• Divide this number by 21. There should not be any remainder. If there is, try and find out where you made your mistake and fix it.
    • Now divide this new four- or possibly five-digit number by 37. Once again, there should be no remainder.
    • Finally, divide this number − which should by now have only three or four digits − by 13.
    You will know if you got it right by looking at the number you are left with.
    Explain why this exercise works.
    (Doing any of this exercise on a calculator is still interesting but is de뀠nitely wimping out!)

Totient numbers

1 A totient number is the number of fractions between 0 and 1 (not including 0 or 1) for
a given denominator that cannot be reduced to a simpler equivalent fraction. The totient
number of 2 is 1, since we have \frac{1}{2}; of 3 it is 2, since we have \frac{1}{3} and \frac{2}{3}; and of 4 it is also 2, since we have \frac{1}{4}
and \frac{3}{4} (\frac{2}{4} can be reduced to \frac{1}{2}). The totient number of 5 is 4, since we have \frac{1}{5}, \frac{2}{5}, \frac{3}{5}, \frac{4}{5}; and of 6 it is 2, since we have \frac{1}{5} and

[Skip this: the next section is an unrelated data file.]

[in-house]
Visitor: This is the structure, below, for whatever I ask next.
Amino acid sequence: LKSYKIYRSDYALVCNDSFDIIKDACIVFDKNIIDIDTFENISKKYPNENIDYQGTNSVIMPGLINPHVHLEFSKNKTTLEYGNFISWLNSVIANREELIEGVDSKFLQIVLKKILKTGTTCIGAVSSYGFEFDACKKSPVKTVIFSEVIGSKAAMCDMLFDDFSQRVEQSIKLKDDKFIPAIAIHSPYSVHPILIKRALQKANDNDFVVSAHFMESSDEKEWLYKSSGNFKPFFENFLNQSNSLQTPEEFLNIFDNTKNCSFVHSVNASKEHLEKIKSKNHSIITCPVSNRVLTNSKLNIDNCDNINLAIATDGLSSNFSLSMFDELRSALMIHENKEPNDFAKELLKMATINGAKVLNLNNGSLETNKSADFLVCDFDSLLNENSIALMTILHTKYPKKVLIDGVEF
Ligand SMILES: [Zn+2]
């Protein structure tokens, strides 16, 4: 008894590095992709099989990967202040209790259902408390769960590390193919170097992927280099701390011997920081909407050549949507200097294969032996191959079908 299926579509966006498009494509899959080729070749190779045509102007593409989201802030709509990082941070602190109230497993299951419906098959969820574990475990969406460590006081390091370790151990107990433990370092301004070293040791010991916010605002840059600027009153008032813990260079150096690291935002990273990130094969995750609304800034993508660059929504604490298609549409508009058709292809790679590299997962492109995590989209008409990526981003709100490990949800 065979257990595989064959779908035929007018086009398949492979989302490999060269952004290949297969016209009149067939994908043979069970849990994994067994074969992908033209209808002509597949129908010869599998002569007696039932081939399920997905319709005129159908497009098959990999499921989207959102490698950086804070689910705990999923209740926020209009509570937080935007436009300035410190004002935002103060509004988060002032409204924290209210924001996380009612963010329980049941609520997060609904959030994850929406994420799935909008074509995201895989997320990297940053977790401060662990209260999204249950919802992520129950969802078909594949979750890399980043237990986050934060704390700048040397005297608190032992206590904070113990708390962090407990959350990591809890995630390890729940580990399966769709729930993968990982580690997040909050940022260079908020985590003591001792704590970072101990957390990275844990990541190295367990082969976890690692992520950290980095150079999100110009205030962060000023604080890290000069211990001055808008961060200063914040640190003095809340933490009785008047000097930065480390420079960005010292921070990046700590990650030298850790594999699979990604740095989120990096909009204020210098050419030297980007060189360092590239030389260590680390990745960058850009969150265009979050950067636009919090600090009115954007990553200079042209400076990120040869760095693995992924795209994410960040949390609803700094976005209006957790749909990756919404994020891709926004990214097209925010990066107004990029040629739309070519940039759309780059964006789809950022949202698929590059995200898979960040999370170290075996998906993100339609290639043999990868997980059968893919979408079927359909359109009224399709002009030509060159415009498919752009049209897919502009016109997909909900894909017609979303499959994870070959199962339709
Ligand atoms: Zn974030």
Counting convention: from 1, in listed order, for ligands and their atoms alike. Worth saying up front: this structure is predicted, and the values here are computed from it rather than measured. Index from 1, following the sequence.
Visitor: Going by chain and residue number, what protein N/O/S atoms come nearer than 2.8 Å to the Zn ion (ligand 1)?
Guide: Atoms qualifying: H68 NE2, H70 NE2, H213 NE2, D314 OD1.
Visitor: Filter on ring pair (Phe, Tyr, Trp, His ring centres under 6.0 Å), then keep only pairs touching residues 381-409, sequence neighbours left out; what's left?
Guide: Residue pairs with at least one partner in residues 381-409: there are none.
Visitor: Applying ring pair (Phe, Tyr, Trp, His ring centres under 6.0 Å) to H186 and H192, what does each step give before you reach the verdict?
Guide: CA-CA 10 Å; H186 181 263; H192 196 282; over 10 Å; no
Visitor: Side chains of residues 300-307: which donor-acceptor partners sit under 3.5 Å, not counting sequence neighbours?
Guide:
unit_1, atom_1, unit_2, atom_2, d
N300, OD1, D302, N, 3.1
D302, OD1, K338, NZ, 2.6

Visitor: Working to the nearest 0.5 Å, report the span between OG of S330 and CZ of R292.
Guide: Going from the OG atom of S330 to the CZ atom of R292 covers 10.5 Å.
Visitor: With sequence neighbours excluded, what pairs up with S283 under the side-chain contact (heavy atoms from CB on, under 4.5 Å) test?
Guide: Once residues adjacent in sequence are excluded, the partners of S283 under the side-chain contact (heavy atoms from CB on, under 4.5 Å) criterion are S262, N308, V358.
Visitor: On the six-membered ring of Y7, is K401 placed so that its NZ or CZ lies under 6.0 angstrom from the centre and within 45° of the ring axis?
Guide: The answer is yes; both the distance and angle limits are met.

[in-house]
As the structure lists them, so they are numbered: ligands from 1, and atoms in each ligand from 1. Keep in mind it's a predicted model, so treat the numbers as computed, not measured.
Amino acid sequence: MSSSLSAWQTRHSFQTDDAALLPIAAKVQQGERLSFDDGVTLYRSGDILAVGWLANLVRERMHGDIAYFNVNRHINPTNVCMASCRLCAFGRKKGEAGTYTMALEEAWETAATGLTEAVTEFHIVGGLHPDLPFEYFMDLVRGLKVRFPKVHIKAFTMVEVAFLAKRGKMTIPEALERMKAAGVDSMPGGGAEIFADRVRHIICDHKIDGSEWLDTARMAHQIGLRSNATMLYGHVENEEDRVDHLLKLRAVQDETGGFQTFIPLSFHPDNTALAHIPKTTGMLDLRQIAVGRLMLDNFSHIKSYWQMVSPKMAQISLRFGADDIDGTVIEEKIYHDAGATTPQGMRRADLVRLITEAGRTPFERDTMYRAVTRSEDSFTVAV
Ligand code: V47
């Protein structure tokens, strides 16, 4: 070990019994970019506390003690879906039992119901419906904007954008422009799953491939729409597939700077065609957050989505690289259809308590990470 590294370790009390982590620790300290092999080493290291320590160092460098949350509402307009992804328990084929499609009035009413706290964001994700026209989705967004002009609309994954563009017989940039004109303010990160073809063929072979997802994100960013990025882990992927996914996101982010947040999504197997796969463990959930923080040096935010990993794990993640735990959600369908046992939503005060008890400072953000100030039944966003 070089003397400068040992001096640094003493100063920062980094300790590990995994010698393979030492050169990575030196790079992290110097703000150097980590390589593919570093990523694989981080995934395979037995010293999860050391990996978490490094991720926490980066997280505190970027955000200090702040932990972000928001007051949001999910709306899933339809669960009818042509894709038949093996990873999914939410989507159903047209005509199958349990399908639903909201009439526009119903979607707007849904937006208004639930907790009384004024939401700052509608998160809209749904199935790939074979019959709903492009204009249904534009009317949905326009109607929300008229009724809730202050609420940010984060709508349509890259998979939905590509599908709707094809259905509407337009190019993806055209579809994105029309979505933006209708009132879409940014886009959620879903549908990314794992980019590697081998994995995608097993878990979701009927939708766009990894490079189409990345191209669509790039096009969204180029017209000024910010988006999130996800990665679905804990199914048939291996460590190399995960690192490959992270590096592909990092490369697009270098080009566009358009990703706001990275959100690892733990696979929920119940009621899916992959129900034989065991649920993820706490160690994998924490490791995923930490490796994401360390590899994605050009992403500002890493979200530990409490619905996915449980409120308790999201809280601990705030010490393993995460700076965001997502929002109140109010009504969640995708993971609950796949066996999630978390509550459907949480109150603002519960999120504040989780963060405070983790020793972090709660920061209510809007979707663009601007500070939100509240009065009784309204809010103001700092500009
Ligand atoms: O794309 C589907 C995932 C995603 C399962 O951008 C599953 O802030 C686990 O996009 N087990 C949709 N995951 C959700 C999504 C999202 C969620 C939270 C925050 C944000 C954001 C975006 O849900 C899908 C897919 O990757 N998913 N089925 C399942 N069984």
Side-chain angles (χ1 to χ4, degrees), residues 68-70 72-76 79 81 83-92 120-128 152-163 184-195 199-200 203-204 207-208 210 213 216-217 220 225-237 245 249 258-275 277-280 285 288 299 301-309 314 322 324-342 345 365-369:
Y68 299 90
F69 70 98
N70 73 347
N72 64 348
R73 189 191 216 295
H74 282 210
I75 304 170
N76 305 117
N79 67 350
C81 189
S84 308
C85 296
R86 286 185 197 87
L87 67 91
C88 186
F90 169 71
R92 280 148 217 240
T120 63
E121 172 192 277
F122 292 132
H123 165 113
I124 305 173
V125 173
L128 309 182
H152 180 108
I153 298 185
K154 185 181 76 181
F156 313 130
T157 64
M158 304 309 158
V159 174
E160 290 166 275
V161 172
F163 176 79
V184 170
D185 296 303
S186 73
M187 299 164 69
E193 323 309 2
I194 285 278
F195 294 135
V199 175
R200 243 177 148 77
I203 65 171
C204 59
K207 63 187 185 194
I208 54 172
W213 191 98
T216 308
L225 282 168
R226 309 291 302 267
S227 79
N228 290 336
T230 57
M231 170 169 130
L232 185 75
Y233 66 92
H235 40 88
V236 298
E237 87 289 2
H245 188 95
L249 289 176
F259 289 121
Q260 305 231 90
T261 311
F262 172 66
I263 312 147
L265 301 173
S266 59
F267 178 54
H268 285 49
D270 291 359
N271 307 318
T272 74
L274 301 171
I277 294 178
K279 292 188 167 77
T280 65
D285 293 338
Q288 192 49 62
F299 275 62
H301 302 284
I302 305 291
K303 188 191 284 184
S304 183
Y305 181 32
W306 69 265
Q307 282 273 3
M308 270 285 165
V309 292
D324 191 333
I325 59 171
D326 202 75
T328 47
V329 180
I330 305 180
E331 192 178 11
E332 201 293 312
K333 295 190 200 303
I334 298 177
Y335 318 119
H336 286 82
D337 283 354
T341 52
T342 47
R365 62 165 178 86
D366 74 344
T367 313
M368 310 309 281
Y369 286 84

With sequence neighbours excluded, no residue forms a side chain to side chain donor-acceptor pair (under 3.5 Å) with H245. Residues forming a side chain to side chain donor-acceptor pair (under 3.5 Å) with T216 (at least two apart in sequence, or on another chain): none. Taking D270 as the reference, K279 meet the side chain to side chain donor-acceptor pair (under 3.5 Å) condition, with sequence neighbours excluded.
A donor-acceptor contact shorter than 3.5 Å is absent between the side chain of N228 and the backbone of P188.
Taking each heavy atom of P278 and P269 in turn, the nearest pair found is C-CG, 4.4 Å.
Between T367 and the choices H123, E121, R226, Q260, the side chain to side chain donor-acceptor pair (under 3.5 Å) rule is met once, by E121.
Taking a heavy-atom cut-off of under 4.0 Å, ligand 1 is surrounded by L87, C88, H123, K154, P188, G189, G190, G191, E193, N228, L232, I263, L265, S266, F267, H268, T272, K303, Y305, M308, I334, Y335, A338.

\frac{5}{6}. Find the totient numbers forall denominators up to 12.

2 For any denominator n, there are n fractions between 0 and 1 (including 0 but not 1). Of
these fractions, some will be counted towards the totient number of n, but others will
cancel down and count towards the totient number of one of the factors of n. Using this
information and the totient numbers from the previous question, calculate the totient
numbers for 15, 18, 20 and 24.

3 The totient number is related to the prime factors of the original number, since these will
determine which fractions can be cancelled. Using this information, calculate the totient numbers of 72, 81, 98 and 100.

\bf{Last \hspace{0.1in}Digits \hspace{0.1in} of \hspace{0.1in}powers}
\bf{Square \hspace{0.1in}Numbers}

Without using a calculator, can you say which of this set of numbers could not be square numbers?

8116801, 251301659, 3186842, 20720704.

You can just by checking the last digit (units digit) of each number.

Do a bit of experimentation with a calculator and find the four digits that square numbers end in. (This eliminates the third number in this set).